The Australian population has edged past 25 million. What could this mean for the future financial wellbeing of everyday Australians?
According to McCrindle Research, the Australian population reached the 25 million mark in August. The ABS population clock estimates Australia's population is increasing by one person every 83 seconds. If you were born in 1970, you’ve seen the population of Australia double in your lifetime and McCrindle are forecasting a similar rate of growth for the next three decades. If their estimates are on target, we’ll be a country of 40 million people by 2048.
So what could that mean for jobs, retirement plans and the many other things our financial future depends on? While the jury is out on whether population growth is overall a good or bad thing, there is the potential for a bigger population to strengthen the economy and lower the personal tax burden. If a growing Australia means more jobs, then there’s a bigger tax base, leading to everyone paying less tax. That’s the theory at least. It can also be beneficial for businesses to have a bigger domestic market for goods and services.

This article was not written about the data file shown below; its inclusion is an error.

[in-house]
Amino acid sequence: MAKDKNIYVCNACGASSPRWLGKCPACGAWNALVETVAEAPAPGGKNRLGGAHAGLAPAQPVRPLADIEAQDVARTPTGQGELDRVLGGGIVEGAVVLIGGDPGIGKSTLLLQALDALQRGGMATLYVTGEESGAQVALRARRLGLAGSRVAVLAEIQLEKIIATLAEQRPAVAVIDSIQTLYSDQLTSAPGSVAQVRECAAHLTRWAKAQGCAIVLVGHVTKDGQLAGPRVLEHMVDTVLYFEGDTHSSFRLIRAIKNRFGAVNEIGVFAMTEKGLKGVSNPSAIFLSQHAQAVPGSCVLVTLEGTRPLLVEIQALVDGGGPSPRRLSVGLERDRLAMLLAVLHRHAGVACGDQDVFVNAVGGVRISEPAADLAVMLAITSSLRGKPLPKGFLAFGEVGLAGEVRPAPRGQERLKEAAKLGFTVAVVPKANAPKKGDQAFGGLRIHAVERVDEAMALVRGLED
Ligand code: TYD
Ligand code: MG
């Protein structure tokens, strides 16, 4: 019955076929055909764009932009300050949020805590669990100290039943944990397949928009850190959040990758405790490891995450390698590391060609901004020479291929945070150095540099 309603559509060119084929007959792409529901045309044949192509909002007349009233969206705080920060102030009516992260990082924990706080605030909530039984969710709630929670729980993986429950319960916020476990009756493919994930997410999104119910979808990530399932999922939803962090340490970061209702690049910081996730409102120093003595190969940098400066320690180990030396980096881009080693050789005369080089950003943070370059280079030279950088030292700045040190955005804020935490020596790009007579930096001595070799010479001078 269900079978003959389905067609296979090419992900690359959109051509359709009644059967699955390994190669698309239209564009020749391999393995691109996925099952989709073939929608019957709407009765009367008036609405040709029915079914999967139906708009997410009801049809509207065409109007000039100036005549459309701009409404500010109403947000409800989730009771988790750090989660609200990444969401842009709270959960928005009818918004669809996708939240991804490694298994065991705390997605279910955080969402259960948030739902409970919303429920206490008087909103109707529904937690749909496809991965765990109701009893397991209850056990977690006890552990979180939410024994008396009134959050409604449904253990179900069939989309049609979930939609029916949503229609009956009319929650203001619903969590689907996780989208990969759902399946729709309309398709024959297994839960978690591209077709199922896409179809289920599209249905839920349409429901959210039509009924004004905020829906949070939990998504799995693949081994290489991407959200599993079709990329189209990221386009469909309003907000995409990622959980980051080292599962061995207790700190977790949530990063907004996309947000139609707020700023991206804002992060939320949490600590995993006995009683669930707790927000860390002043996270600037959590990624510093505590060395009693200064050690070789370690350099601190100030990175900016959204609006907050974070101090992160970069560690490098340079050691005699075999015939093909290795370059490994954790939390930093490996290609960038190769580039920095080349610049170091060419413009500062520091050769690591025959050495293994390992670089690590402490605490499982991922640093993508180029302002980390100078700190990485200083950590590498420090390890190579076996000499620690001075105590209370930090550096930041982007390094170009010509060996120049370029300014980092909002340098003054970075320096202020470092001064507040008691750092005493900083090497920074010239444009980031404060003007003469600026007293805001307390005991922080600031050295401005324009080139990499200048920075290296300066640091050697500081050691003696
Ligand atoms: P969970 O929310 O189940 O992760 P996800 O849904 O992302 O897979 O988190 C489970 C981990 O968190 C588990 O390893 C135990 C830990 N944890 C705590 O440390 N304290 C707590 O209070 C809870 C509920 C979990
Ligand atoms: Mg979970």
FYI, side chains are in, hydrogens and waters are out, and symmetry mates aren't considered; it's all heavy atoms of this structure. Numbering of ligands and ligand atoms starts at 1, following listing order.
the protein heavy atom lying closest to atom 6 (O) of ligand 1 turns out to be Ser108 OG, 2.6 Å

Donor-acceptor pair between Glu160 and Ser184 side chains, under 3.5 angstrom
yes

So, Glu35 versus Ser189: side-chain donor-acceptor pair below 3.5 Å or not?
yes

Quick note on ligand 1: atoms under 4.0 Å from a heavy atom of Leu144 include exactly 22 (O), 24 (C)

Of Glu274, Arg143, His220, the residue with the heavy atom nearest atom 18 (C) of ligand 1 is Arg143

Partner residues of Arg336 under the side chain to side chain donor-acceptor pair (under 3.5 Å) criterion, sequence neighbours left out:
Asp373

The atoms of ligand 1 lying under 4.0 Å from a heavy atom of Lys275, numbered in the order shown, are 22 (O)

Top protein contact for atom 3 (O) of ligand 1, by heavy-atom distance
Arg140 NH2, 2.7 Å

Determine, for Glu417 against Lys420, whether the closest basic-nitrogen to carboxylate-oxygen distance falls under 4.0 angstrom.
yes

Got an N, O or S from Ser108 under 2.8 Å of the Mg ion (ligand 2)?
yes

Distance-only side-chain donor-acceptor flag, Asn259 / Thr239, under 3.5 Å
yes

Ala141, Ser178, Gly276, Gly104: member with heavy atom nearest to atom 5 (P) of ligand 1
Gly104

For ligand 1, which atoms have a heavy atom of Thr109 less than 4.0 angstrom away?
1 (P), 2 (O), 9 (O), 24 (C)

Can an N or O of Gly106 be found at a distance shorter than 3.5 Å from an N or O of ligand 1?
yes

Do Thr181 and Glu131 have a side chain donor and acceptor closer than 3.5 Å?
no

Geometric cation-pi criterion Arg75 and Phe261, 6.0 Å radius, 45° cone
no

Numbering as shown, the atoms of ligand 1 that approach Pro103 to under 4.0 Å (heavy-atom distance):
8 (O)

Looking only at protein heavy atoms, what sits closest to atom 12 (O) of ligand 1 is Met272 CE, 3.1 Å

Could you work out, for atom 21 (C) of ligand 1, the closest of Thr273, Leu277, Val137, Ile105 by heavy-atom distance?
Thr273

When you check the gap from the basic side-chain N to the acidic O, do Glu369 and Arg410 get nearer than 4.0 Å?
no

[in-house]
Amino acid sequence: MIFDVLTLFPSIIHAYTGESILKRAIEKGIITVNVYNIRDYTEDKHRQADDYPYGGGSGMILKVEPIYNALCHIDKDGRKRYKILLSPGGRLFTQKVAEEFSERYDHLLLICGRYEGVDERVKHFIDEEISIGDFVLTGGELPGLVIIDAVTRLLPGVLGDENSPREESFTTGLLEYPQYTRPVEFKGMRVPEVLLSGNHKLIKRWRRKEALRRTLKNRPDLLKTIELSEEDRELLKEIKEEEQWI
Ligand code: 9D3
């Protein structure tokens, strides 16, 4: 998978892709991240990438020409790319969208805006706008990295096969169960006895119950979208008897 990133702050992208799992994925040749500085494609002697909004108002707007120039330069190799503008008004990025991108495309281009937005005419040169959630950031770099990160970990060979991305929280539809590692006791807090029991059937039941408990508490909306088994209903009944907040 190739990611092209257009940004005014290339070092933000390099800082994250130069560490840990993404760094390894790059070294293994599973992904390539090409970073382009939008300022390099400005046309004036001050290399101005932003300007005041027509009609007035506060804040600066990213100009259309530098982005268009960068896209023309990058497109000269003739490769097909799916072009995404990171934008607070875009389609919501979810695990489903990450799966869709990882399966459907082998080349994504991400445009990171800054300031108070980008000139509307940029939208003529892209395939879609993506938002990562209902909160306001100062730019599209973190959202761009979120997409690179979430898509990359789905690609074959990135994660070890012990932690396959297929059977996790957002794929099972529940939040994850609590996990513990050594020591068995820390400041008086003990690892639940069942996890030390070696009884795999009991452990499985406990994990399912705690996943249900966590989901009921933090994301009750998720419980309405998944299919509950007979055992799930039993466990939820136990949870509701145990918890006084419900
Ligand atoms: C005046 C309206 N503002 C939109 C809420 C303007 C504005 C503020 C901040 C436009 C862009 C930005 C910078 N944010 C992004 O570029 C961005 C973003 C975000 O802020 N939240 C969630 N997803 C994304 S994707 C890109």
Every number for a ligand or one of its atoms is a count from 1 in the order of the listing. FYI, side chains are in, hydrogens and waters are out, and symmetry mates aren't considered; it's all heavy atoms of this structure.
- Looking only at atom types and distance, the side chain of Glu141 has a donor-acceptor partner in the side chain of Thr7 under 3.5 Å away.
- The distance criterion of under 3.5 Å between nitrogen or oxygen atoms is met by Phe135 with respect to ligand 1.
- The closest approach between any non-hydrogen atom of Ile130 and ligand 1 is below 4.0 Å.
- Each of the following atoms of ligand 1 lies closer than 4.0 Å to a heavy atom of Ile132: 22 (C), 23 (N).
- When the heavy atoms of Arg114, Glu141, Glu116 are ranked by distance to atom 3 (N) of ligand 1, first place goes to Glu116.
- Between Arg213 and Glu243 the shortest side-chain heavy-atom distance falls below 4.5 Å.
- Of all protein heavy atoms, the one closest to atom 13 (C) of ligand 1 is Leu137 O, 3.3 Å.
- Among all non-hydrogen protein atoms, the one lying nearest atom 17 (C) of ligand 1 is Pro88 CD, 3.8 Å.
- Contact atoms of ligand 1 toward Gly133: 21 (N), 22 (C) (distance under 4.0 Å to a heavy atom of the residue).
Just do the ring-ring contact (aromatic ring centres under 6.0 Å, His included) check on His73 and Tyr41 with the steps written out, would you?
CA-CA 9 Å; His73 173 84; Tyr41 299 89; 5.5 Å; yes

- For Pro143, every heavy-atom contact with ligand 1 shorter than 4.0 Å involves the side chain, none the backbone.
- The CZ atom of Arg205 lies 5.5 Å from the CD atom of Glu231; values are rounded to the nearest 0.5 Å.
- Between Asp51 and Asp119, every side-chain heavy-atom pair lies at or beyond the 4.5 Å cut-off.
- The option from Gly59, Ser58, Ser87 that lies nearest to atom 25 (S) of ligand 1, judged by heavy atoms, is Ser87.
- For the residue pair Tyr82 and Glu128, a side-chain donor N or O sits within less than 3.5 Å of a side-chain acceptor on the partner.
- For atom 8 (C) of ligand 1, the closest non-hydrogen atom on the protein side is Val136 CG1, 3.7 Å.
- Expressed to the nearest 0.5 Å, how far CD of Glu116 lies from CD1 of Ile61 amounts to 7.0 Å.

While Aussies are joining the ranks of 65+ in greater numbers, the working population isn’t expected to keep up. By 2042, the number of people of working age is expected to flat line, with zero growth expected by this time. With only 2.5 working age people to support each person aged 65+ – half the number there were in 2002 – there could actually be a shortfall in the tax revenue it will take to pay for the income and health needs of retirees.
While population growth can be seen as a driver of economic growth, consideration around housing affordability, infrastructure, environmental pressures, as well as access to quality transport services, healthcare and education are all key elements for sustainable growth. The impact of population growth has been most felt in the major cities, particularly in Sydney and Melbourne. Unaffordable housing; overcrowded trains; gridlocked roads; waiting lists for childcare places and elective surgery; are all cumulative effects of increased population growth.
Source: Money & Life (FPA)